Last week, I’d discussed why the Canadian technology darling BlackBerry (TSX:BB)(NYSE:BB) was ready for its big moment in 2021. The stock was up over 40% in late-morning trading on January 25. This came after Blackberry and Facebook reached a settlement over patent royalties for undisclosed terms. The Waterloo-based company sued Facebook in 2018. It claimed the social media giant was using its invention in its popular messaging applications.
This stock can continue to reward investors in 2021 and beyond. BlackBerry has the tools and the leadership to grow into one of the prominent tech powers on the TSX. Let’s dive in.
BlackBerry has expanded its reach with its Amazon collaboration
BlackBerry’s jump into the big time started in the beginning of December 2020. At the time, it announced its collaboration with Amazon Web Services. The two aim to develop an Intelligent Vehicle Data Platform named BlackBerry IVY. This scalable, cloud-connected software platform will allow automakers to provide a consistent and secure way to read vehicle sensor data. Moreover, automakers will be able to normalize the data, and create actionable insights from that data locally in the vehicle and in the cloud. This collaboration could produce a big leap forward for automotive software.
The push into automotive software was already a great reason to be excited about the former hardware giant. Automated vehicle development will ramp up in the years and decades ahead. BlackBerry has positioned itself to be a leader in this push towards the future.
A Canadian patent power
BlackBerry’s stock has gained huge momentum in recent weeks, as attention has turned to its position as a global patent power. Its settlement with Facebook illustrated how far its reach was in the tech space. We don’t know the settlement, but it is a very positive step forward.
The Waterloo-based company attracted some controversy last week. It was revealed that it had sold 90 patents to the Chinese telecom giant Huawei in late December. This attracted some criticism in a highly charged geopolitical climate. However, BlackBerry boasts a massive trove of patents. The company sold smartphone-linked patents to Huawei, which makes sense as it has transitioned away from this market over the past decade.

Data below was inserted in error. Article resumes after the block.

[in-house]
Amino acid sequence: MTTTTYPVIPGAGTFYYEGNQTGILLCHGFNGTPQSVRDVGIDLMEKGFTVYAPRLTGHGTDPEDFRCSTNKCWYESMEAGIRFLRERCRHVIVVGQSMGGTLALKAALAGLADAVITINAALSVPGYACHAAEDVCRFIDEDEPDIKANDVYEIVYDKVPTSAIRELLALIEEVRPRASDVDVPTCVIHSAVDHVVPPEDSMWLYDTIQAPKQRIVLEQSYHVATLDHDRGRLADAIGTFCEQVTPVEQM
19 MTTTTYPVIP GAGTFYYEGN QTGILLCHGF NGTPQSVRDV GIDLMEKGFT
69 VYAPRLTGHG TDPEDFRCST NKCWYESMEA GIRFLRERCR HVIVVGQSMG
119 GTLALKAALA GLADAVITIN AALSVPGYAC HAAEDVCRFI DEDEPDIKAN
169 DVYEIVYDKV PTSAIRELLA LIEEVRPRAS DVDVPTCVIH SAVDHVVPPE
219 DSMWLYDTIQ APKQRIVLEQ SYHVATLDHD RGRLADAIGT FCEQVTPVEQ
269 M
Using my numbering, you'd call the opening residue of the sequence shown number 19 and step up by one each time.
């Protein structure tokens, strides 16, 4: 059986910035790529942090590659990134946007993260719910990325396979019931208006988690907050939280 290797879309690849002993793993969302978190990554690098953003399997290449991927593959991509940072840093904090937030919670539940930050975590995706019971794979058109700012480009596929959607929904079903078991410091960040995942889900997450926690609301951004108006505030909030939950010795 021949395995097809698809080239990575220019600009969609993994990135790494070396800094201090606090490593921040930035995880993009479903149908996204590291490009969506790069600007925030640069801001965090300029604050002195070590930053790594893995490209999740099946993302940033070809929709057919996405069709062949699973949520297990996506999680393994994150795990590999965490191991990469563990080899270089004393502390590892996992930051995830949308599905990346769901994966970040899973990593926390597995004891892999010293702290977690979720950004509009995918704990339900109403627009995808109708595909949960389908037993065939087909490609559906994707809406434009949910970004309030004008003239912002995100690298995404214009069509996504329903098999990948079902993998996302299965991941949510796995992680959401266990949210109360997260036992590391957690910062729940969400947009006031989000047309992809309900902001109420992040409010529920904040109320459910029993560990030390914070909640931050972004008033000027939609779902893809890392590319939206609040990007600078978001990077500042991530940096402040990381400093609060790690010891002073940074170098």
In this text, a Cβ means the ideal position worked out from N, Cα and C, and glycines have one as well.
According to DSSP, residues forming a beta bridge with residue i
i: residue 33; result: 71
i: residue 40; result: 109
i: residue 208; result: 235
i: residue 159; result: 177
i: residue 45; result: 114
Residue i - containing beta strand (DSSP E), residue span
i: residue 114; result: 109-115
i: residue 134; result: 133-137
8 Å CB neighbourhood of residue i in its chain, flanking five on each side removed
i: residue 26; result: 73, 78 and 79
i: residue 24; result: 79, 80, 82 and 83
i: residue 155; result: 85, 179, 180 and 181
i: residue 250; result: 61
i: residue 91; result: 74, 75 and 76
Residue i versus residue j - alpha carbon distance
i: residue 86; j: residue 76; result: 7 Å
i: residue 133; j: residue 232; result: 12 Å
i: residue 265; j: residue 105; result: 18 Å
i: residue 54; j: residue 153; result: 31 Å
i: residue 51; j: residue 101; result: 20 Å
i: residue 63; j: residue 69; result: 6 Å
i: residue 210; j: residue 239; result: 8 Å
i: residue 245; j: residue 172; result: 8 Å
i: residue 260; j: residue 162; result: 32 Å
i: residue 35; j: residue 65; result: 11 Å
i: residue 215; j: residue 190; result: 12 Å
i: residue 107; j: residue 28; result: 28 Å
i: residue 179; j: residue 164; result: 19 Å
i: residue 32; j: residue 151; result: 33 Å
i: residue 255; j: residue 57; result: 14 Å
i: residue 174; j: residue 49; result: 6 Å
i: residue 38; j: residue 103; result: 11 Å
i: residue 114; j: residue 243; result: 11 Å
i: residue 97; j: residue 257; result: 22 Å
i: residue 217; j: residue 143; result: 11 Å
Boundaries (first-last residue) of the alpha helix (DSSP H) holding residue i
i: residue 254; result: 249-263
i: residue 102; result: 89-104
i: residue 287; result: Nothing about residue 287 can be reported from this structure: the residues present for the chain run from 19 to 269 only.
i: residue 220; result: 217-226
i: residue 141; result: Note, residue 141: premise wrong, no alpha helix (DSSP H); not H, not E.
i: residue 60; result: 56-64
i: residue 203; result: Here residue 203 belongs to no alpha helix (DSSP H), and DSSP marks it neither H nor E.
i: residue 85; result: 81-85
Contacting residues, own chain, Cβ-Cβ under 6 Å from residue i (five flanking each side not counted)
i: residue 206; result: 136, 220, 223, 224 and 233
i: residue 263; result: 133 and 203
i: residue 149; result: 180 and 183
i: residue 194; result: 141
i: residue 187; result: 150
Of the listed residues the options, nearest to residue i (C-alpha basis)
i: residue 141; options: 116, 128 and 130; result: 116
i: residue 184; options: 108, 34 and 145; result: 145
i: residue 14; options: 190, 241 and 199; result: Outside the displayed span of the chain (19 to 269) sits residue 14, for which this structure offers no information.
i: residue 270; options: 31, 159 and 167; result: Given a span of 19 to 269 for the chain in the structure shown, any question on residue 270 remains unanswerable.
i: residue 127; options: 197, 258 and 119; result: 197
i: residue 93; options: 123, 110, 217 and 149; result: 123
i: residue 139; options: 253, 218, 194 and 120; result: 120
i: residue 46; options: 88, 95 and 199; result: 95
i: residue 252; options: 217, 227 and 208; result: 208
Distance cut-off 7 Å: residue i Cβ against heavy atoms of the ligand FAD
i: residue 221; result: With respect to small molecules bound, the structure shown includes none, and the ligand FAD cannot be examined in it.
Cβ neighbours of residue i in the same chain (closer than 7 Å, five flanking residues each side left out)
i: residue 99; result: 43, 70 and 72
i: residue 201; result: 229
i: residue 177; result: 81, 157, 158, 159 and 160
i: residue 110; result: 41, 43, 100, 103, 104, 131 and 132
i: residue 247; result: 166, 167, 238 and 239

Why the sky is the limit for BlackBerry
Shares of BlackBerry have now shot up 111% in 2020 at the time of this writing. Its exposure to some of the most promising tech markets in the world should keep investors betting on it this decade. BlackBerry boasts a footprint in automotive software development, it is a cyber security leader, and one of the few Canadian companies that possesses one of the largest patent troves in the world. Moreover, the stock also offers exposure to artificial intelligence development.
BlackBerry has set itself up for the long term under the leadership of CEO John Chen. The possibilities are endless for this tech stock in the years ahead. Investors should not be shy about stacking its shares for the long term.
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John Mackey, CEO of Whole Foods Market, an Amazon subsidiary, is a member of The Motley Fool’s board of directors. Randi Zuckerberg, a former director of market development and spokeswoman for Facebook and sister to its CEO, Mark Zuckerberg, is a member of The Motley Fool's board of directors. Fool contributor Ambrose O'Callaghan has no position in any of the stocks mentioned. David Gardner owns shares of Amazon and Facebook. Tom Gardner owns shares of Facebook. The Motley Fool owns shares of and recommends Amazon and Facebook. The Motley Fool recommends BlackBerry and BlackBerry and recommends the following options: long January 2022 $1920 calls on Amazon and short January 2022 $1940 calls on Amazon.